War of the Rebellion: Serial 029 Page 0412 KY.,MID. AND E.TENN.,N.ALA.,AND SW.VA. Chapter XXXII.

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impossible to do more without losing the whole battery, and ordered it limbered to the rear, and to retire into the cedar thicket, now being cut off from the road we came in the day previous. Being principally in the rear of our retiring forces, was subject to a heavy fire from the enemy following our retreat, and having all except one horse that moved my 6-pounder smooth-bore gun shot, was compelled to leave it; also one caisson belonging to the 10-pounder Parrott gun, containing about 50 rounds of ammunition. The remainder of the battery we succeeded in saving. Some of the carriages moved out with two horses, having had over half my horses killed and crippled. Fired during the day 493 rounds of ammunition, losing 2 men killed and 1 wounded.

Early on the morning of January 1, reported to General Negley the Parrott gun, and sent it on the field in charge of Lieutenant Spence. I then took the remainder of the battery, now unserviceable, to the rear; at the same time procuring 22 rounds of Parrott ammunition, and was subsequently ordered to move the unserviceable portion of the battery to Nashville, which I did, and immediately returned; but, while on the road, was attacked, and lost the rear chests of one caisson.

Lieutenant Spence was placed on the left center for a short time, then receiving orders to move to the right and take position with Marshall's battery, where he remained until about 12 m. January 2, when ordered to move to the left center and take position as on the day previous.

About 4 p.m. a heavy force of the enemy was discovered moving on our left and front, driving in our skirmishers. He immediately ordered shell to be fired into him as rapidly as possible, and at the same time receiving a heavy cross-fire from the enemy's artillery. Not long after the batteries on his right and left retired, and retired about 40 yards to the rear; found that the limber contained about 10 rounds of shell and few canister; immediately ordered the gun to its former position, using all the shell, and reporting the same to Captain Lowrie; was ordered to remain and use the canister in case a second attack was made; but the enemy being repulsed and driven beyond their intrenchments, he retired, moving the gun about one-fourth of a mile to the rear. Forty-two rounds of ammunition were expended, receiving little damage, except a few horses wounded.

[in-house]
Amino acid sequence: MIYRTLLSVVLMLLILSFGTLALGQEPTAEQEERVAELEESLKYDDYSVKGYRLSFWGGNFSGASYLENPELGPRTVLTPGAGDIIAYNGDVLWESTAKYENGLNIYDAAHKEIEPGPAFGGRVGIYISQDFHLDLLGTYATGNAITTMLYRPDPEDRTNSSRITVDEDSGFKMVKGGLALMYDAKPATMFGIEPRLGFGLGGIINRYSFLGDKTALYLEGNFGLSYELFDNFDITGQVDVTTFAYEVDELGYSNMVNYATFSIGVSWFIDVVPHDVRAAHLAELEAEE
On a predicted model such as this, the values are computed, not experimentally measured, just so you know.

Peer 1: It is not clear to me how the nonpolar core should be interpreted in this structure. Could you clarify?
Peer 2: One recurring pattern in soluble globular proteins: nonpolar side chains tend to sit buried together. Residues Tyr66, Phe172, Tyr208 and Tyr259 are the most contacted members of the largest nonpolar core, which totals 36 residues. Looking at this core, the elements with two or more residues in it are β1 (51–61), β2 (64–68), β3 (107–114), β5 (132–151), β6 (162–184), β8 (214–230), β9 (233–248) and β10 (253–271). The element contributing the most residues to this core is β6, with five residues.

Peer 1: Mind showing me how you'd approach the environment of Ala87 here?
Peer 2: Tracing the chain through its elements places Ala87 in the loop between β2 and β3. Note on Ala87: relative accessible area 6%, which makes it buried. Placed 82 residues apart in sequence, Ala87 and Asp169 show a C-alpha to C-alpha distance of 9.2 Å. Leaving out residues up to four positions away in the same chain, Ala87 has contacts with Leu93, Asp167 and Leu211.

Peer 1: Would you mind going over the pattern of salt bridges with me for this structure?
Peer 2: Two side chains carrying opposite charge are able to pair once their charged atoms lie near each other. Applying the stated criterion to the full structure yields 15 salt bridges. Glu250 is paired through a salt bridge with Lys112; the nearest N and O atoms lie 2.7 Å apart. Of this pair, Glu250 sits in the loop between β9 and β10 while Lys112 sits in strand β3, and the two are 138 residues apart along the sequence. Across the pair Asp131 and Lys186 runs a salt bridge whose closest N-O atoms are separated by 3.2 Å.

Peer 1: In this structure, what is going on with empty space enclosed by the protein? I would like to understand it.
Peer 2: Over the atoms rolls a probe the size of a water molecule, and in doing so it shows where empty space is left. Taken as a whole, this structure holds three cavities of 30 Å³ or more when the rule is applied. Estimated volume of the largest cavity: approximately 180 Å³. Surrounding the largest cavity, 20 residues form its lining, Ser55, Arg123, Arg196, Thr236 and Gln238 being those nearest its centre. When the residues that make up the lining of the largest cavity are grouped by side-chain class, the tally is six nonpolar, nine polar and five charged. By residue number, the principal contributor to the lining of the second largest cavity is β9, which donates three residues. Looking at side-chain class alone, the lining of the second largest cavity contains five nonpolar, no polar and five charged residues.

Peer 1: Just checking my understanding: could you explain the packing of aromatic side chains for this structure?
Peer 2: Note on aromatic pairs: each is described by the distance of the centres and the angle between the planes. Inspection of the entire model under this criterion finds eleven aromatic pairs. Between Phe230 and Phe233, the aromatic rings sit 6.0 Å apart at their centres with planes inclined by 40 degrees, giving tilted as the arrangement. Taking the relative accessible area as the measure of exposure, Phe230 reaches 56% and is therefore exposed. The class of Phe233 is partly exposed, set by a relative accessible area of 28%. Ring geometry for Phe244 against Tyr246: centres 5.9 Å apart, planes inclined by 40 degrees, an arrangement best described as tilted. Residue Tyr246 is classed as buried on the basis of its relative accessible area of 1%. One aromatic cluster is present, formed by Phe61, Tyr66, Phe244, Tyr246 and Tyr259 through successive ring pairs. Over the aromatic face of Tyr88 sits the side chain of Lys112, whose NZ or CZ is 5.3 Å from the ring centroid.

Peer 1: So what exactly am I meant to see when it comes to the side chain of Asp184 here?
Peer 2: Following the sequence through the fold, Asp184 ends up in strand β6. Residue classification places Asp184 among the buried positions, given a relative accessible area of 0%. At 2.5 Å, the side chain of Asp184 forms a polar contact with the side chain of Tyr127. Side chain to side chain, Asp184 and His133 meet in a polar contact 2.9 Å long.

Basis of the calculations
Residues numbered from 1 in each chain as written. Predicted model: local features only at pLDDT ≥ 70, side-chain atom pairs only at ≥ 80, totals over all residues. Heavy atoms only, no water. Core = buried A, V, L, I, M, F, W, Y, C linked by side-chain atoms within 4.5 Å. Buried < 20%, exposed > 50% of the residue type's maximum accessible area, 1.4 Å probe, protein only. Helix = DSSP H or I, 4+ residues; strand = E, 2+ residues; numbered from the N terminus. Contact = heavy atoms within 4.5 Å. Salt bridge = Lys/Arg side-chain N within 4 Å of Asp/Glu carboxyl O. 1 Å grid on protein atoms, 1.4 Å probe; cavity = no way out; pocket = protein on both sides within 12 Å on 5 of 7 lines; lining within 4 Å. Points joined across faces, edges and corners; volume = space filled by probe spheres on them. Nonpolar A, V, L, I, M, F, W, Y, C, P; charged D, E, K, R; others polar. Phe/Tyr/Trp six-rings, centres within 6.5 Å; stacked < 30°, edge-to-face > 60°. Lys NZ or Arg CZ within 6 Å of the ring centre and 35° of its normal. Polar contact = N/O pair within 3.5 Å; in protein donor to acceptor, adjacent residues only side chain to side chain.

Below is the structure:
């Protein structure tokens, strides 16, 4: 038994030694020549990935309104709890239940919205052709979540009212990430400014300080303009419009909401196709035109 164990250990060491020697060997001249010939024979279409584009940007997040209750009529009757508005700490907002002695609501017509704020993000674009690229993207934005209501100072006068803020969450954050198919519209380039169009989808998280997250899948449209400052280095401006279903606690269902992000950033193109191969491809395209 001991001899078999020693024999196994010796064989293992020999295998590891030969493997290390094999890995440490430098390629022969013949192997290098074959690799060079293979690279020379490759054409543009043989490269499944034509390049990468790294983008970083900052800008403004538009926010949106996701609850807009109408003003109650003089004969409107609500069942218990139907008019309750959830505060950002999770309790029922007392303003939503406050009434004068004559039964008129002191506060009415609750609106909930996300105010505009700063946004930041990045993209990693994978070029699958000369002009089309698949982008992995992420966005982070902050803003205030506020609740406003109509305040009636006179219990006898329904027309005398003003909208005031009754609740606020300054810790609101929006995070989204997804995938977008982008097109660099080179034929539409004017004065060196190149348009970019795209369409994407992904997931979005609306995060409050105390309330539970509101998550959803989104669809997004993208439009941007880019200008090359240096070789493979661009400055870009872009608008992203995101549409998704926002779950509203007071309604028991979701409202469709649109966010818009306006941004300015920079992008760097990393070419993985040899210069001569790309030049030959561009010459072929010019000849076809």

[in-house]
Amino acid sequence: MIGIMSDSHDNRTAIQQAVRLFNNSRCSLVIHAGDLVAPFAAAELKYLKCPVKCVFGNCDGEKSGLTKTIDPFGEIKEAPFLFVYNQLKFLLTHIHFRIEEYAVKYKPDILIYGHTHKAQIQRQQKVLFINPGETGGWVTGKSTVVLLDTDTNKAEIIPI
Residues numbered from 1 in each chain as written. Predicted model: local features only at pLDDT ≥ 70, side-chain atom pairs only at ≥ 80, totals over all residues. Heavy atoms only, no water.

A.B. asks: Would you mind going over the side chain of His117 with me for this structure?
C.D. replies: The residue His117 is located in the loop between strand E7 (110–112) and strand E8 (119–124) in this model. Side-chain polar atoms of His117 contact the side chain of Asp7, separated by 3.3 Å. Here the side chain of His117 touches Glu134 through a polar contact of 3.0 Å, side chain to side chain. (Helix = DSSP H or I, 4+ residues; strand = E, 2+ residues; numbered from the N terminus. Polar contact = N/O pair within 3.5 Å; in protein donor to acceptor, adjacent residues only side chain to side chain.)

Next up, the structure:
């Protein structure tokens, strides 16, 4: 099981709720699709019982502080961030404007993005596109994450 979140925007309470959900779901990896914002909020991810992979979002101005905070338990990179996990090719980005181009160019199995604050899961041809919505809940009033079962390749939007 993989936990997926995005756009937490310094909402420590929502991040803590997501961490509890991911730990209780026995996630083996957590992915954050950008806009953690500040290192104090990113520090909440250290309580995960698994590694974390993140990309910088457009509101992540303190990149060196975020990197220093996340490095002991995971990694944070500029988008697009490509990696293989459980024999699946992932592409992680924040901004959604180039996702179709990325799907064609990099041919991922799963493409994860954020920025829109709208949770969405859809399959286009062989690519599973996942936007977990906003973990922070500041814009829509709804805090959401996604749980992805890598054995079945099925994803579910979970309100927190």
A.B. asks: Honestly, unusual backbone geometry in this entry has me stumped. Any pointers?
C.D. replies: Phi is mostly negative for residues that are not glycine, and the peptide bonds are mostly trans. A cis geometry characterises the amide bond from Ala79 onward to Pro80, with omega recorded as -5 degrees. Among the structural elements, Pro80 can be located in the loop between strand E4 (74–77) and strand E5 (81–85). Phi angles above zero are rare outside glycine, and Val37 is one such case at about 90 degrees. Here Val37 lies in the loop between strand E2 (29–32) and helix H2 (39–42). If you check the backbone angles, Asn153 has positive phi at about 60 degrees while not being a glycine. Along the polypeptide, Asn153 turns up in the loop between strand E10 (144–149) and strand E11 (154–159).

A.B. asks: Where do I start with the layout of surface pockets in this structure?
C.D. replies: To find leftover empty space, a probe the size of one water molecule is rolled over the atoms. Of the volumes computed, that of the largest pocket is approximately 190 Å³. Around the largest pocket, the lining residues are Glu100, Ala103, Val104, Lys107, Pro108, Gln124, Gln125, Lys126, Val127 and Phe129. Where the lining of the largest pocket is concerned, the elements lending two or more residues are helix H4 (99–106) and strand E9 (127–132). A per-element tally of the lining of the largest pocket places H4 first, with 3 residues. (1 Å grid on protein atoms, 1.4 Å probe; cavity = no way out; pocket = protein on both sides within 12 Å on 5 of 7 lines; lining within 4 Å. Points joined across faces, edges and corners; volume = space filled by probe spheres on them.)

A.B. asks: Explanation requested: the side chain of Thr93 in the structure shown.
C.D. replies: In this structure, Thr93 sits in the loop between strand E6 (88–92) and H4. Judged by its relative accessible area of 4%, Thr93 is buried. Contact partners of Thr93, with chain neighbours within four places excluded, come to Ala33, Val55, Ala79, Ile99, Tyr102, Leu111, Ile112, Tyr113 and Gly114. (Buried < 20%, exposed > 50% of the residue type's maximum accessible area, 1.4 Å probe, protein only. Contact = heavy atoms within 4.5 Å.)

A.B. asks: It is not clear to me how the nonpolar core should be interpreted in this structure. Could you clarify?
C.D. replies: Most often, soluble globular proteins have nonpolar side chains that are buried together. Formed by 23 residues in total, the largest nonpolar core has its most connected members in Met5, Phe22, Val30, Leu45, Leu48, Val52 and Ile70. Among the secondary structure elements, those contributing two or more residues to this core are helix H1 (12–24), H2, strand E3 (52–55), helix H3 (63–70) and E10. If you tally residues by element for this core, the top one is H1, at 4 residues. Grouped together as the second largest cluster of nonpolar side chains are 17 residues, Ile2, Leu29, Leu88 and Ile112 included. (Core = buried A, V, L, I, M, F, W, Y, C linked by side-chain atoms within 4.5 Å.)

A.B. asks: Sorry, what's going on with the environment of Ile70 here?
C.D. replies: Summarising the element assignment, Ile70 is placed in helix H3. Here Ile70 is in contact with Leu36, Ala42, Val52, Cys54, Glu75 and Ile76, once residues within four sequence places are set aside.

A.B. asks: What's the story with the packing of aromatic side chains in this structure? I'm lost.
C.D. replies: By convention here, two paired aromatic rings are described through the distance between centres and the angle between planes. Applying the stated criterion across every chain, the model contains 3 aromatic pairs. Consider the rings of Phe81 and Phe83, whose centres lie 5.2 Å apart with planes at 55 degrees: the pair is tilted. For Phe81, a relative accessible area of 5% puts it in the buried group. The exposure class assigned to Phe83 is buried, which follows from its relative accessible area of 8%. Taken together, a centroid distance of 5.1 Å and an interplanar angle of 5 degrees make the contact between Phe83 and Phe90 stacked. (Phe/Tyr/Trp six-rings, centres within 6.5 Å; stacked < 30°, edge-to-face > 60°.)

On the morning of the 3rd, I failed to procure ammunition, and remained as on the night previous.

Early on the morning of the 4th, procured 75 rounds of ammunition, and reported to Colonel Miller, who ordered me to move to the left center, and placed my gun in position with Marshall's battery.

About 3 p.m., was ordered to advance on Murfreesborough, and moved about 1 mile and remained during the night.

Early on the morning of the 5th, forded the river and passed through Murfreesborough.

I take great pleasure in referring to the valuable assistance rendered by Lieutenant Spence, whose heroic bravery inspired the men with courage, and his conduct is deserving of public commendation.

My non-commissioned officers and privates deported themselves like veterans who fight for the cause of their country.

Our loss in killed was 2-Godfrey Hautt, Ninth Ohio Volunteer Infantry, on detached duty which the battery, and Lewis Sagers, Seventy-eighth Pennsylvania, on detached duty which the battery; wounded, 1-Milton Crawhorn.


Lieutenant, Comdg. Hewett's Battery, Kentucky Vol. Artillery.


Acting Assistant Adjutant-General.